Paul begins by identifying Christ is the “image of the invisible God” (1:15).  The word εἰκών is usually translated “image” as in the image an emperor’s head on a coin (BAGD).  It is an exact duplicate that is integrally a part of the original. By saying that Christ is in the image of God, he affirms that he is an accurate picture of what God is, and in fact, he is God.  L&N 58.35, “that which has the same form as something else.” This is the word chosen by the LXX to translate the Hebrew µl,x{{, in Genesis 1:26-27; 5:3, and 9:6. In Genesis, it is humans who are the image of the invisible God, in the sense that we are God’s representatives in this world; the Law makes it clear no other image of God is to be made.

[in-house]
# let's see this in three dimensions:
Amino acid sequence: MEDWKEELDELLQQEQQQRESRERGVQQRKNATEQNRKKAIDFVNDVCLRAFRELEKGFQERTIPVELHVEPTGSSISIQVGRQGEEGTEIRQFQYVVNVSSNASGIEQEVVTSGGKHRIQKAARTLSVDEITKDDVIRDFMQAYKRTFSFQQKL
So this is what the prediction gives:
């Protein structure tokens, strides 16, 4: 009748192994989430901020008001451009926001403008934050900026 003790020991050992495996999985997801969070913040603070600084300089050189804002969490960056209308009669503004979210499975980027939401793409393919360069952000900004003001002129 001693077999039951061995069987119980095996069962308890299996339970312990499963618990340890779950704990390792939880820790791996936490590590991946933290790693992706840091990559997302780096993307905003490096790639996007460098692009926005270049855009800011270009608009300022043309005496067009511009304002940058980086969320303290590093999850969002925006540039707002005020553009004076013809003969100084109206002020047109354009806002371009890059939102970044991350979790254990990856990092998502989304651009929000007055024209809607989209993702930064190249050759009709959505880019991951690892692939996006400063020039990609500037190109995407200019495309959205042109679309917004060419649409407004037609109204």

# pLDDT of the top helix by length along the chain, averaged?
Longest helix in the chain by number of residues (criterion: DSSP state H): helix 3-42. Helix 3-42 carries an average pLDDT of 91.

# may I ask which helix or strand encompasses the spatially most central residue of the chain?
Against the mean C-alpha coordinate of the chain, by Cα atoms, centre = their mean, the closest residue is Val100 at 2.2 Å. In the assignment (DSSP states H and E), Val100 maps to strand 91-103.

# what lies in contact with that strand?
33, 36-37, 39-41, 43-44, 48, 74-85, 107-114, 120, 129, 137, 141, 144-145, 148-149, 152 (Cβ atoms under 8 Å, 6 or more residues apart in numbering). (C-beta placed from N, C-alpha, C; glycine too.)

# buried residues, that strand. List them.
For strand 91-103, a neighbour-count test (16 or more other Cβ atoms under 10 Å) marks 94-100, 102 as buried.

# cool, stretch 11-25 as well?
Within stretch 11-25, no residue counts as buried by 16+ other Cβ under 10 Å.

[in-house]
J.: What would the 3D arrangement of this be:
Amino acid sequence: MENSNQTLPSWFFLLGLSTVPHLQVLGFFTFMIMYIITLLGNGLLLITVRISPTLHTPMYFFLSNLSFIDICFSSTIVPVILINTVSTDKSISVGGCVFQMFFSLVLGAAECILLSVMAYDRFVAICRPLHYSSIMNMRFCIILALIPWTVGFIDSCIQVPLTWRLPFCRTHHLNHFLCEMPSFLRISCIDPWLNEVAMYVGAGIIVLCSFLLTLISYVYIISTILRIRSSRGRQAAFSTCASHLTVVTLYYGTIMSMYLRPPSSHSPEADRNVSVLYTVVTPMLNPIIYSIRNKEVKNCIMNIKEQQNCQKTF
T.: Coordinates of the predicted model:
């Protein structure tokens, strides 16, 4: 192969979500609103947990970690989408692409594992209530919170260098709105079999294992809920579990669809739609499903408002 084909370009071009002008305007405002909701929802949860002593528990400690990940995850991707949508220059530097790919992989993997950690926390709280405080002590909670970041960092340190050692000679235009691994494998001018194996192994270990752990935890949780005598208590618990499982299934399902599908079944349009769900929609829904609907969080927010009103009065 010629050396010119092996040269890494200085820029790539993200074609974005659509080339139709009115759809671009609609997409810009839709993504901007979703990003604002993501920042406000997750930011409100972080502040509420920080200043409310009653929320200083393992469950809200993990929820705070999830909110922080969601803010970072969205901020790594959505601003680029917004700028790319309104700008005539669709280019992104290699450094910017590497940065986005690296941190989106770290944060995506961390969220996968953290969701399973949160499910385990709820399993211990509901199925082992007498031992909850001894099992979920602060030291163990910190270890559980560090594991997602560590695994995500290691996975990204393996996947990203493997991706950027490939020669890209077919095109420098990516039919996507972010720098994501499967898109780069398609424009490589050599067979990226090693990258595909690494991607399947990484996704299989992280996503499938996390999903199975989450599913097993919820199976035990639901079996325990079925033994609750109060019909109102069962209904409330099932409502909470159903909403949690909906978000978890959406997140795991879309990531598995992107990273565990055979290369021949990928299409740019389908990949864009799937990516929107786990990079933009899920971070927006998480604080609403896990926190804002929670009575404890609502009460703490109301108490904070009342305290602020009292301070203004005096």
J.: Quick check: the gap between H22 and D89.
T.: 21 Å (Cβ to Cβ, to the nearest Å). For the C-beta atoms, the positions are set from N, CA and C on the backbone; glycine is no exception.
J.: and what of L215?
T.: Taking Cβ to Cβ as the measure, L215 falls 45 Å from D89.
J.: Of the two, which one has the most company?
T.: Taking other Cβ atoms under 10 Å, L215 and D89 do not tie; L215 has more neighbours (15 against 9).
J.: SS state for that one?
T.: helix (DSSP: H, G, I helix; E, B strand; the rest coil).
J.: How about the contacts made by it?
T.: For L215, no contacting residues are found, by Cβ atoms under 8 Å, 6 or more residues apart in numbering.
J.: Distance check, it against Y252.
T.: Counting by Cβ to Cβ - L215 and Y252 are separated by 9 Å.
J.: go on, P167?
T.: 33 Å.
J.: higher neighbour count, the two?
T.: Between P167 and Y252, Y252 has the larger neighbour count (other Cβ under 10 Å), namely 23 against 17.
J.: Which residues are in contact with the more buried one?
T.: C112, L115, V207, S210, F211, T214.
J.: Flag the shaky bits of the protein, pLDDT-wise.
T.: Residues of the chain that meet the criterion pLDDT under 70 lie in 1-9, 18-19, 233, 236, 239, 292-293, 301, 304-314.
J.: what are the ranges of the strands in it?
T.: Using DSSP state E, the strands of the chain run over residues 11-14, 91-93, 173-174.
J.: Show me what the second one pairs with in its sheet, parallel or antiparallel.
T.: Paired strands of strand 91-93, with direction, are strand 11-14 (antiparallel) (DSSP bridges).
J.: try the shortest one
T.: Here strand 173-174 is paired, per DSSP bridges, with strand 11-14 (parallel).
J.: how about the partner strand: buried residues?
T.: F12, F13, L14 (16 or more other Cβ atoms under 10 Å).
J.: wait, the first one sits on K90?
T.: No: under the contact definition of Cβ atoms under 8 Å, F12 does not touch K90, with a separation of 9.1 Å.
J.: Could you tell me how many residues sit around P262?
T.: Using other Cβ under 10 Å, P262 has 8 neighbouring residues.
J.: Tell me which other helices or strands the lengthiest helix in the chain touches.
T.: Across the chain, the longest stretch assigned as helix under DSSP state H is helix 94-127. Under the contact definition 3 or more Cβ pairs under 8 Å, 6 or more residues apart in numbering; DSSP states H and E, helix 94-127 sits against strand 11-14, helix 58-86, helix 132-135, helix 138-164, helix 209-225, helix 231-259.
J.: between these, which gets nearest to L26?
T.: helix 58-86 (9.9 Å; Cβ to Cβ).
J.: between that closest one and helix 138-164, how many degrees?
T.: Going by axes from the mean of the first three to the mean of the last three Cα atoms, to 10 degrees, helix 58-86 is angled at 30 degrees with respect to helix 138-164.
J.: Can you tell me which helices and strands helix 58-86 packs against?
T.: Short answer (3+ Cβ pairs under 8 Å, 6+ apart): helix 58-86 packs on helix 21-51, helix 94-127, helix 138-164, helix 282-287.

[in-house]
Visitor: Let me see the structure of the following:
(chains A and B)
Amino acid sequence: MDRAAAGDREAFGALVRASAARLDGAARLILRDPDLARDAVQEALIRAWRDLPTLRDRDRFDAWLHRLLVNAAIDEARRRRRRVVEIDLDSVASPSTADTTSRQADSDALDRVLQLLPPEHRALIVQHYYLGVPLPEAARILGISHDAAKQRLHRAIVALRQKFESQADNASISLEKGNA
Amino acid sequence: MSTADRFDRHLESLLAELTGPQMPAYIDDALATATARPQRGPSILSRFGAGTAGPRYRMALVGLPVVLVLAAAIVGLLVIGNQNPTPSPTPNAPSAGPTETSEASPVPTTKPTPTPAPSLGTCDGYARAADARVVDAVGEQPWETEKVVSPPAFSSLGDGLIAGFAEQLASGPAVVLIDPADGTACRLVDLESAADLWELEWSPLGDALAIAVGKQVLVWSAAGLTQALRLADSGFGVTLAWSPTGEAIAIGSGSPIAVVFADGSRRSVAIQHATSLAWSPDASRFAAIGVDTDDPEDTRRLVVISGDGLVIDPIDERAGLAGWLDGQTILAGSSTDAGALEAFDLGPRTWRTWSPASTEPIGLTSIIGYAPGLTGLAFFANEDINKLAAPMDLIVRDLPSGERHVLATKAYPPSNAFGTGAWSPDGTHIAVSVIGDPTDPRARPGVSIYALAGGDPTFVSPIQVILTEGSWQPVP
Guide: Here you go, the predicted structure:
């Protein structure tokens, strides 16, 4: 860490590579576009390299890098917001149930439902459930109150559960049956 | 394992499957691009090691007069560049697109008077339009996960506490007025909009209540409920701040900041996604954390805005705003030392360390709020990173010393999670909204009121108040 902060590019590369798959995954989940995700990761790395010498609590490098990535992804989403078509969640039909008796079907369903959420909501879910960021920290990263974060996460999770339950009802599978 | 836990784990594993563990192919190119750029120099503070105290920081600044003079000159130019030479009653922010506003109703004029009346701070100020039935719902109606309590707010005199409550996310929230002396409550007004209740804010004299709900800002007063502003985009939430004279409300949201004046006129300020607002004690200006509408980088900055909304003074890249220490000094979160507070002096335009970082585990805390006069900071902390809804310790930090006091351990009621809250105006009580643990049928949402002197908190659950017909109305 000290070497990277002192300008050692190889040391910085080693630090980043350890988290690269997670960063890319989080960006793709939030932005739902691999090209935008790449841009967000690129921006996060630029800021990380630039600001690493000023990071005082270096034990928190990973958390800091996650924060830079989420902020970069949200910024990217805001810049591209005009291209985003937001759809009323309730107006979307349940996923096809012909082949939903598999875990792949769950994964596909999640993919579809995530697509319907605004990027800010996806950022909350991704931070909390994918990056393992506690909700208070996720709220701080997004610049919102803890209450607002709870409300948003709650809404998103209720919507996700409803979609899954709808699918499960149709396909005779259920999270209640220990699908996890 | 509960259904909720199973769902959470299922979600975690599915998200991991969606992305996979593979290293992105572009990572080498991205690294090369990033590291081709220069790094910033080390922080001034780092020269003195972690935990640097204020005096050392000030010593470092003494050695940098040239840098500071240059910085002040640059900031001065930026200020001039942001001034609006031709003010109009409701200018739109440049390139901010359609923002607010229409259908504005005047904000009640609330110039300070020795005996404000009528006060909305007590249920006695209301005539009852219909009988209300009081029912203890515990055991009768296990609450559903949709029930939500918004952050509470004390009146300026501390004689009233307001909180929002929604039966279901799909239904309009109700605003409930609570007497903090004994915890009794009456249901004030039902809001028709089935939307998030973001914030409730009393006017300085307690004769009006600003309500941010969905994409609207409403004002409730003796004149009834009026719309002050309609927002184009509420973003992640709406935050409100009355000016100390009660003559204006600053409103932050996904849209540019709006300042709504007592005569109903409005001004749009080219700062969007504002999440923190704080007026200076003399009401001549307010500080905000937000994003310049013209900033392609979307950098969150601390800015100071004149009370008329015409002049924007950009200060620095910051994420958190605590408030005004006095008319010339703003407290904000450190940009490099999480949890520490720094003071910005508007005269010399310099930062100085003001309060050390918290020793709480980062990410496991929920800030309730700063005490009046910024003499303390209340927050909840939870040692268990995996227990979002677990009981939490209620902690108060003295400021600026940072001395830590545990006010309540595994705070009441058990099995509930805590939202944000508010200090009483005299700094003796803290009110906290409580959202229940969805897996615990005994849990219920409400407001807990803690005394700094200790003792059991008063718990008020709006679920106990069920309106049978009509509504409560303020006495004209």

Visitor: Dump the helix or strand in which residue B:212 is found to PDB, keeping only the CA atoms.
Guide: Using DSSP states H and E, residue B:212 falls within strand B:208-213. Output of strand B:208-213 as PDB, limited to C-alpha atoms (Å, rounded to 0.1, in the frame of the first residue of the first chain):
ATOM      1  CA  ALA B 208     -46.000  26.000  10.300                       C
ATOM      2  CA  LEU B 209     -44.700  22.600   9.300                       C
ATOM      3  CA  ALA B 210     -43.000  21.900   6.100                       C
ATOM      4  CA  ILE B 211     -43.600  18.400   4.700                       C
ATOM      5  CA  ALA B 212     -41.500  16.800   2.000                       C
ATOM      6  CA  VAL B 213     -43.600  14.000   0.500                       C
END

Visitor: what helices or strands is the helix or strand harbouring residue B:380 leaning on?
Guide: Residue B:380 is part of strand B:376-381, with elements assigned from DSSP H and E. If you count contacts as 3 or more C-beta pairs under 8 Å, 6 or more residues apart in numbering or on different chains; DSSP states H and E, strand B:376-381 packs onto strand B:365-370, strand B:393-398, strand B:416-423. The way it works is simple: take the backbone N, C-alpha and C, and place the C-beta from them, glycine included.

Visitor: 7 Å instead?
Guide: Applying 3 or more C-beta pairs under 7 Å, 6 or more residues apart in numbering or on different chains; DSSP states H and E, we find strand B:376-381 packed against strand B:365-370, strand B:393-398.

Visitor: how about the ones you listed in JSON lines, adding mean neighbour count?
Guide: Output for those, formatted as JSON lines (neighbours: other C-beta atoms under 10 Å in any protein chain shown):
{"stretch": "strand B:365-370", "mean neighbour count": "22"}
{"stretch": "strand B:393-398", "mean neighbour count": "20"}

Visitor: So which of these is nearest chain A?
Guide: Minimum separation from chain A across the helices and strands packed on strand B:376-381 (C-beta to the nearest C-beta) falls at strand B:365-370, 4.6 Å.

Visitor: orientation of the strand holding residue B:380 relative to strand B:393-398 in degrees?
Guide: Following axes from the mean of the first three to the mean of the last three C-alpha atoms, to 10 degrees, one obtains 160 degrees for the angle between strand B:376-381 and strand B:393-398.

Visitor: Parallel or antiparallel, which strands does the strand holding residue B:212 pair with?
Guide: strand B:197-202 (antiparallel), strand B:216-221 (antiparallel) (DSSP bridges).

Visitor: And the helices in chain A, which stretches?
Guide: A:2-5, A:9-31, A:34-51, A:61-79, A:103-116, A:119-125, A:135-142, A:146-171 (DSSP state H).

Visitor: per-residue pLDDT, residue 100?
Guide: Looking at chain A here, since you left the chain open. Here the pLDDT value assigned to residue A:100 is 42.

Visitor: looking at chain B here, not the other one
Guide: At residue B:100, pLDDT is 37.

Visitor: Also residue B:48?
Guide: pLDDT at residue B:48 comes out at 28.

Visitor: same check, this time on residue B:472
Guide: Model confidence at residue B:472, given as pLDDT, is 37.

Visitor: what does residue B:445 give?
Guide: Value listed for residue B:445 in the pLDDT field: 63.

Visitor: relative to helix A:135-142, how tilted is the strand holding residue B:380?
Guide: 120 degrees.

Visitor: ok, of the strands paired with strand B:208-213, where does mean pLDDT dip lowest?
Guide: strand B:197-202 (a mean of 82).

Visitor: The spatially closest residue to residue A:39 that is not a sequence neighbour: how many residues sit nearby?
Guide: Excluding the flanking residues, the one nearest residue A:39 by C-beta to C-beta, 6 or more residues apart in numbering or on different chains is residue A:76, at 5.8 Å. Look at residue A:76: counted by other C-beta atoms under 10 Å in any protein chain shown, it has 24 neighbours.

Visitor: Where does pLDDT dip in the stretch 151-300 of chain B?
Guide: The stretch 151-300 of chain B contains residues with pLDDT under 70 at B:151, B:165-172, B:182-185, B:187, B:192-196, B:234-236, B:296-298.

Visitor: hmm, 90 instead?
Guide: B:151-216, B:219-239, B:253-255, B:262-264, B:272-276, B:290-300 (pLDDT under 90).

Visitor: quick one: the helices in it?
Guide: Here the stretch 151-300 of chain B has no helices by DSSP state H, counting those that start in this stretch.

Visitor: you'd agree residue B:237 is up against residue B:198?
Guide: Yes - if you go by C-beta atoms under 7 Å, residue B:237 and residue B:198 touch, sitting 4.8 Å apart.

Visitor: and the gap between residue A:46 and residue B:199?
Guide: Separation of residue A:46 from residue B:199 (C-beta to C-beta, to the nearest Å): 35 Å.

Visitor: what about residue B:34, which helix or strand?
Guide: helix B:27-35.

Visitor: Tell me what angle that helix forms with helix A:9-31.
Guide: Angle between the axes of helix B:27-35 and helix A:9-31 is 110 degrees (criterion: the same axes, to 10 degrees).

The word ἀόρατος, “invisible,” is used only five times in the New Testament. In every case it refers to some quality of God, although here in Col 1:16 it refers to the (unseen) spirit world.   The use of this word for the spirit world is somewhat common. “Rulers both visible and invisible” appears in Ignatius’s To the Smyrnaeans 6.1, for example.

God as “invisible” is both a Jewish and a Greek idea.  In the Hebrew Bible God is never to be represented as an idol or an image, and although there is a great deal of representation of the gods in Greco-Roman paganism, Plato and other philosophers (Stoics, for example), believed in a real god who was invisible, immovable, and totally transcendent.